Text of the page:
We Love N.Y., But We Hate The Ugly Billboards- Santino, Goosby & Hudes Call on State to Remove “Visual Pollution” on Parkways

Standing next to a mammoth “I Love New York” tourism sign on the Wantagh Parkway, Hempstead Town Supervisor Anthony J. Santino called upon the Governor and the New York State Department of Transportation to remove the veritable cornucopia of huge, ugly tourism signs that have popped up on local parkways and the Long Island Expressway. Joined by Senior Councilwoman Dorothy Goosby, Councilman Gary Hudes, local residents and environmentalists, the officials labeled the signs ugly, pointless, distracting, as well as terming the billboards “visual pollution.”

“Neighbors across our town have called us to express outrage over New York State’s ugly, massive tourism billboards that now proliferate our local parkways,” stated Santino. “We share their outrage. The signs are totally pointless, having no clear message, while simply distracting motorists who should be concentrating on the roadway.”

Almost 150 of the signs have appeared on Long Island roadways since June of this year, including the Wantagh and Meadowbrook State Parkways in the Town of Hempstead. Generally, the signs are clustered, featuring one massive billboard along the roadway with four separate message icons. Drivers subsequently encounter four to five additional big signs that contain individual message icons. The message icons contain phrases such as “Taste NY,” “I Love NY,” “New York State Parks,” “Path Through History.” Neighbors have complained that the icon messages contain no discernible useful information. Specifically, the signs don’t direct drivers to any particular service, location or other destination.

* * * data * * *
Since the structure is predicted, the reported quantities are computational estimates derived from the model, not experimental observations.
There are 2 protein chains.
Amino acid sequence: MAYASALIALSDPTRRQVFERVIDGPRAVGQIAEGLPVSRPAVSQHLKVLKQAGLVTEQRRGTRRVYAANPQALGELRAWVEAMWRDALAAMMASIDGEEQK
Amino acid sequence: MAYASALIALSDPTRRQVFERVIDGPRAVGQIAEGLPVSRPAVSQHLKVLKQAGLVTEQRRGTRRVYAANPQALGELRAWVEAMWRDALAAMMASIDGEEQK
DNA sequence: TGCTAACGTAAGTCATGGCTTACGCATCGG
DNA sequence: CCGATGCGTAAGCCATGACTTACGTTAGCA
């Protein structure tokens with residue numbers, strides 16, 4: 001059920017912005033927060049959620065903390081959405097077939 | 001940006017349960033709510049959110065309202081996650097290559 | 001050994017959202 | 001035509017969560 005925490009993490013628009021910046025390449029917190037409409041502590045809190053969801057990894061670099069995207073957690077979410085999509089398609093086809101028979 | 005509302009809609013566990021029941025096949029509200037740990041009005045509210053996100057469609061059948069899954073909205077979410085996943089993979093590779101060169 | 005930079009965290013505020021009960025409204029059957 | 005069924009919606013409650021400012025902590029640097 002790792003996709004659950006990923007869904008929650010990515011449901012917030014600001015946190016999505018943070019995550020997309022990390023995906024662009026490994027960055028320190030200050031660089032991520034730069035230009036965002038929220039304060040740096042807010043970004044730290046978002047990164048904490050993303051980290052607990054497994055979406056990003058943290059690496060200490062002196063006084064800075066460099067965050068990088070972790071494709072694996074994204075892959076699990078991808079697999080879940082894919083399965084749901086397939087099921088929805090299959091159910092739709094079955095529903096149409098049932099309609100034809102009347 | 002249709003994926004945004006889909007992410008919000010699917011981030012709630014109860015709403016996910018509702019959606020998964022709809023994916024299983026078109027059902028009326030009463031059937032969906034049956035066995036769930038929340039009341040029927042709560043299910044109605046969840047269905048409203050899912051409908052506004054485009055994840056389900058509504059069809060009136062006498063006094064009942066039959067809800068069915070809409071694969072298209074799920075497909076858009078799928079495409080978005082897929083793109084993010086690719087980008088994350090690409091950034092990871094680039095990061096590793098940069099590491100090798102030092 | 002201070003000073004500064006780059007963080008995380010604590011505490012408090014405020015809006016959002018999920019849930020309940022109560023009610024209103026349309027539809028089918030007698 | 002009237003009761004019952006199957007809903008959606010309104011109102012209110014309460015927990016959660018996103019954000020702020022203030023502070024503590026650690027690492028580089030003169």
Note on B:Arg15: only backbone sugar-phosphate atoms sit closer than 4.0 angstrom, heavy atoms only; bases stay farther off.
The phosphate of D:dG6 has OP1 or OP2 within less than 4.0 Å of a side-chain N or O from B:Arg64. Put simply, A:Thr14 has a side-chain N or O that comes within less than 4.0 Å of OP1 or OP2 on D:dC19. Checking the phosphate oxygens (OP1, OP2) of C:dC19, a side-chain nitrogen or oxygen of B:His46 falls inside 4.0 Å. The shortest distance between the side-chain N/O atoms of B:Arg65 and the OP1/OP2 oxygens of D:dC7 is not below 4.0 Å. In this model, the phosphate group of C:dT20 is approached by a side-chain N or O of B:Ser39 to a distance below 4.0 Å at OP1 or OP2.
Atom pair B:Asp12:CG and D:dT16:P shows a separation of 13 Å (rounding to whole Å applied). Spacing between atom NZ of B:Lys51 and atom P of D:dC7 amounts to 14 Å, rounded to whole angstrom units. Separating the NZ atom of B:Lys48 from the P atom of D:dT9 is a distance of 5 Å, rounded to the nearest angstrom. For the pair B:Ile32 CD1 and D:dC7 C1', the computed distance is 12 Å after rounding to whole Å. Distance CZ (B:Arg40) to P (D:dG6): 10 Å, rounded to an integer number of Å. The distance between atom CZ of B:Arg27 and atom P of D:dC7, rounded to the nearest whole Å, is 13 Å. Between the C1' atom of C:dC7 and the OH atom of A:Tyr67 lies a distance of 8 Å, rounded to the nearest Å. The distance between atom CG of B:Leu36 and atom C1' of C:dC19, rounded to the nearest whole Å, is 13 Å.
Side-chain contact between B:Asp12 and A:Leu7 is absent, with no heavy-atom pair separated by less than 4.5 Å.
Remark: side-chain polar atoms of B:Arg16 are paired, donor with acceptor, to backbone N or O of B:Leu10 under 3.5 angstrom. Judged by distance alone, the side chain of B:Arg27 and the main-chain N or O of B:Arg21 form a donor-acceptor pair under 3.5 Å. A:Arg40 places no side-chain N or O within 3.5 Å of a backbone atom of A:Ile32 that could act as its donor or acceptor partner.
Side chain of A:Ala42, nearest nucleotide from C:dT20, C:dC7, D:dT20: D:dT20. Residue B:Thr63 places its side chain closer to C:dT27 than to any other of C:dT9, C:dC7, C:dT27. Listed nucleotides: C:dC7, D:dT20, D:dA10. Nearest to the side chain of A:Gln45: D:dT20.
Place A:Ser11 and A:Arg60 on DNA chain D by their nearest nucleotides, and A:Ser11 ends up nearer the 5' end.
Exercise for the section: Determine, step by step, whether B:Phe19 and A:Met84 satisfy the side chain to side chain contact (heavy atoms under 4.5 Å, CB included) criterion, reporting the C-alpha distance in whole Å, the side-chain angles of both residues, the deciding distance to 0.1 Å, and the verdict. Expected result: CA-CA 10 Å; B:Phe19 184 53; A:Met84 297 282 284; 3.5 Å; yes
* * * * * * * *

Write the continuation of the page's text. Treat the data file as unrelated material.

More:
“There is no clear benefit that the public derives from these billboards,” stated Goosby. “They do not direct drivers to any specific location or service. The whole thing completely lacks reason.”

The federal government has recently warned New York State that it may slash funding for New York’s highway and bridge projects if the signage is not removed. Federal officials have echoed the comments of town officials, indicating that they pose a dangerous distraction for motorists. In response, the state has claimed that the signs help promote tourism and provide important information about attractions.

“As an elected official and a past president of the Nassau Council of Chambers of Commerce, I can tell you that there is absolutely ‘zero’ tourism benefit that is realized by local businesses because of these signs,” stated Hudes. “They are a colossal waste of money and accomplish nothing.”

The signs, which reportedly have cost New York $1.76 million statewide, have been met with harsh criticism from community leaders, neighbors and environmentalists.

“There is enough visual pollution as it is,” said Cathy Powell, a member of the Long Island Planning Council and a steward of the “Garden of Hope” in Wantagh. “A big, blue sign doesn’t cut it. Perhaps an ‘app’ might be more useful.”

“I see no value in these signs,” stated Joseph Baker, President of the South Merrick Civic Association. “They are a distraction to drivers and provide no information to drivers.”

Santino, along with Goosby and Hudes are writing to New York State officials, expressing their displeasure with the signs and asking for the immediate removal of the “ugly billboards.”

“Our local parkways are tree lined, they are adjacent to residential neighborhoods and they generally complement the suburban character of our areas,” said Santino. “These humongous billboards constitute ‘visual pollution’, are totally out of harmony with our attractive parkways, offer absolutely no useful information and are a very dangerous distraction to motorists. Everyone is in agreement- we love New York, but we hate the signs- take them down now!”